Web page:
Living Psalm 23, [He is a True Shepherd]

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The Lord is my shepherd; I shall not want.
He maketh me to lie down in green pastures:
he leadeth me beside the still waters.
He restoreth my soul:
he leadeth me in the paths of righteousness for his name’s sake.
Yea, though I walk through the valley of the shadow of death,
I will fear no evil: for thou art with me;
thy rod and thy staff they comfort me.
Thou preparest a table before me in the presence of mine enemies:
thou anointest my head with oil; my cup runneth over.
Surely goodness and mercy shall follow me all the days of my life:
and I will dwell in the house of the Lord for ever.

Psalm 23, KJV

The Lord wants to escort you to someplace wonderful, it’s where there is a rich rest and a sweet intimacy– in spite, of conflict.  It is revealed in Psalm 23; it is more than poetry. It is a way of life.

There is a preciousness just beyond our ‘status quo.’  It is an abundant life for eternity.  When you have apprehended it, you will understand what I am talking about, and wonder why you’ve missed it for so long. Eternal life has already begun even though many of us don’t walk as if it did. We have eternal life, here end now!

There is a place which we can enter into where Jesus is all there is.  His dear presence pervades everything, and there is no doubt about His lordship.  He rules completely, and He is “all-in-all.”

There is real evidence when you have appropriated this deeper life. There will be a surrender of all you have, and you will fully understand what it truly means to be His follower.  There will be a complete renunciation of all rights to yourself.  You will give it all up, with an insurmountable joy, just to walk with Him.

Live on earth as if you’ve already died, and are now living in heaven with Him.

There must be a definite place where you turn your rights over to Him. Perhaps His love has already pressed you into this.  Often there will be a disillusionment and cynicism with this planet and its ugly ways.  You want to escape all its dullness and jadedness.  You will step into ‘life-effervescent.’  He intends to walk you through many issues, but if He is close I will suggest you trust Him fully.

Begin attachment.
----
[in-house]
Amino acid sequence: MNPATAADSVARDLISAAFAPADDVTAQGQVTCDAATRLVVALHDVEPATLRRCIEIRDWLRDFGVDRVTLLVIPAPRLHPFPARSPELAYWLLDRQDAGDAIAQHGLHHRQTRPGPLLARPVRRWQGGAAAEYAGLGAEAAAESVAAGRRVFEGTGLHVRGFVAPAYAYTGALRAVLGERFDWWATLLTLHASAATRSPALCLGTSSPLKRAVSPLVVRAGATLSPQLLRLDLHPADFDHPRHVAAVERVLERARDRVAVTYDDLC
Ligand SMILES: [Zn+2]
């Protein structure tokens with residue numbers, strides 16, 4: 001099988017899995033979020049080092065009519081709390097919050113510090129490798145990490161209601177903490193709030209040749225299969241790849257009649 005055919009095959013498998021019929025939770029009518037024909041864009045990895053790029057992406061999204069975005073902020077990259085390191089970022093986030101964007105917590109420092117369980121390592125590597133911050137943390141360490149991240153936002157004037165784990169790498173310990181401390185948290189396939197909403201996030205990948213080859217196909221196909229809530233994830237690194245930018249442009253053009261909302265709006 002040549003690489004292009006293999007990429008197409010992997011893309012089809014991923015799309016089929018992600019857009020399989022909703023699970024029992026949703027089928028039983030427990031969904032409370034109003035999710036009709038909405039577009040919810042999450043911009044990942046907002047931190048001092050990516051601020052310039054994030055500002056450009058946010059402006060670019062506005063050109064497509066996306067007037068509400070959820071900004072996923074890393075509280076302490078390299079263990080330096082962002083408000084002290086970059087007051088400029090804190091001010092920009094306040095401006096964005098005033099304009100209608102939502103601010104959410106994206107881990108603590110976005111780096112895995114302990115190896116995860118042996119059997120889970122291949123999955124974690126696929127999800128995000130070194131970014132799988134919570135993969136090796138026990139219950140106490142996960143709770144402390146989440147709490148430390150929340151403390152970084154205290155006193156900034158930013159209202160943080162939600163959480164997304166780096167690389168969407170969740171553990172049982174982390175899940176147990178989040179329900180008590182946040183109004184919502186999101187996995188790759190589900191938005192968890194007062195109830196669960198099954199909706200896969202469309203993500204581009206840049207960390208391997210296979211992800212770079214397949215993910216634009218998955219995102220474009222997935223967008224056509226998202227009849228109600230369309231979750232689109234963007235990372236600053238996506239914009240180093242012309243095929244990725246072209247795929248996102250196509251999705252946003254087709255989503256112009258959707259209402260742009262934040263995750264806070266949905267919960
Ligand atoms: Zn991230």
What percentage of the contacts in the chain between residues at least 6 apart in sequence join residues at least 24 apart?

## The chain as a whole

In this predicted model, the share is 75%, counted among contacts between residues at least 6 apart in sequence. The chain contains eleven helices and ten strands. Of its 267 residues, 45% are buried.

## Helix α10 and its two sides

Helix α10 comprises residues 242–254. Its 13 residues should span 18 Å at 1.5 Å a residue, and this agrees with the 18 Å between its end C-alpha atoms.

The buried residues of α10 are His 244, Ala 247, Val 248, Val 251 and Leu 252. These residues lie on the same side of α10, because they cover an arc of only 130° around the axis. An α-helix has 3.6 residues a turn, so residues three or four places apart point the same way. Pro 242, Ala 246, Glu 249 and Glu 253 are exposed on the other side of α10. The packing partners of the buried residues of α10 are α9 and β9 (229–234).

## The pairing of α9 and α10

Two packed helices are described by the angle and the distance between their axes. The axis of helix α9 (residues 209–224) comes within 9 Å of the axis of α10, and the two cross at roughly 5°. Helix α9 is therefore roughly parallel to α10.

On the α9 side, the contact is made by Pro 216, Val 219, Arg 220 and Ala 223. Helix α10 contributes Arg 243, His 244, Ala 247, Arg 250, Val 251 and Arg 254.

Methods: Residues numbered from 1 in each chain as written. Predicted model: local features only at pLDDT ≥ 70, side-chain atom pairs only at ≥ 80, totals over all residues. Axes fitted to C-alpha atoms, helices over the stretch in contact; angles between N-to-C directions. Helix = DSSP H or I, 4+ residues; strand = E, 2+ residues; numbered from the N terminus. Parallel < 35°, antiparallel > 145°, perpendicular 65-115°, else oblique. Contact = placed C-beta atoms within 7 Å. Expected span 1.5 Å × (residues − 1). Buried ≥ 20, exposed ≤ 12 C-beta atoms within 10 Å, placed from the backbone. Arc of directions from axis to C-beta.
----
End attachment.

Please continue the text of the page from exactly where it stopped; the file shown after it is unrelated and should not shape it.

If you are struggler with a mental illness: clinical depression, bipolar, anxiety issues, or schizophrenia, I want to reassure you, you are not a “lesser” Christian.  And my comments include you.  You are not on the ‘scrap heap’ of the Spirit.  In so many ways, you can enter in while the ‘norms’ will struggle.  And you do need to step into this, and discover a life worth living.

A “Psalm 23 life” is yours for the asking. Take it up, humbly and true. It’s your birthright to be with your Shepherd forever.

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Ten Tips in Taming Your Depression

1. Do not expect too much from yourself too soon, as this will only accentuate feelings of failure. Avoid setting difficult goals or taking on ambitious new responsibilities until you’ve solidly begun a structured treatment process.
2. Break large tasks into small ones, set some priorities, and do what can be done, as it can be done.
3. Recognize patterns in your mood. Like many people with depression, the worst part of the day for you may be the morning. Try to arrange your schedule accordingly so that the demands are the least in the morning. For example, you may want to shift your meetings to midday or the afternoon.
4. Participate in activities that may make you feel better. Try exercising, going to a movie or a ball game, or participating in church or social activities. At a minimum, such activities may distract you from the way you feel and allow the day to pass more quickly.
5. You may feel like spending all day in bed, but do not. While a change in the duration, quality and timing of sleep is a core feature of depression, a reversal in sleep cycle (such as sleeping during daytime hours and staying awake at night) can prolong recovery. Give others permission to wake you up in the morning. Schedule “appointments” that force you to get out of the house before 11 a.m. Do this scheduling the night before; waiting until the morning to decide what you will be doing ensures you will do nothing.
6. Don’t get upset if your mood is not greatly improved right away. Feeling better takes time. Do not feel crushed if after you start getting better, you find yourself backsliding. Sometimes the road to recovery is like a roller coaster ride.
7. People around you may notice improvement in you before you do. You may still feel just as depressed inside, but some of the outward manifestations of depression may be receding.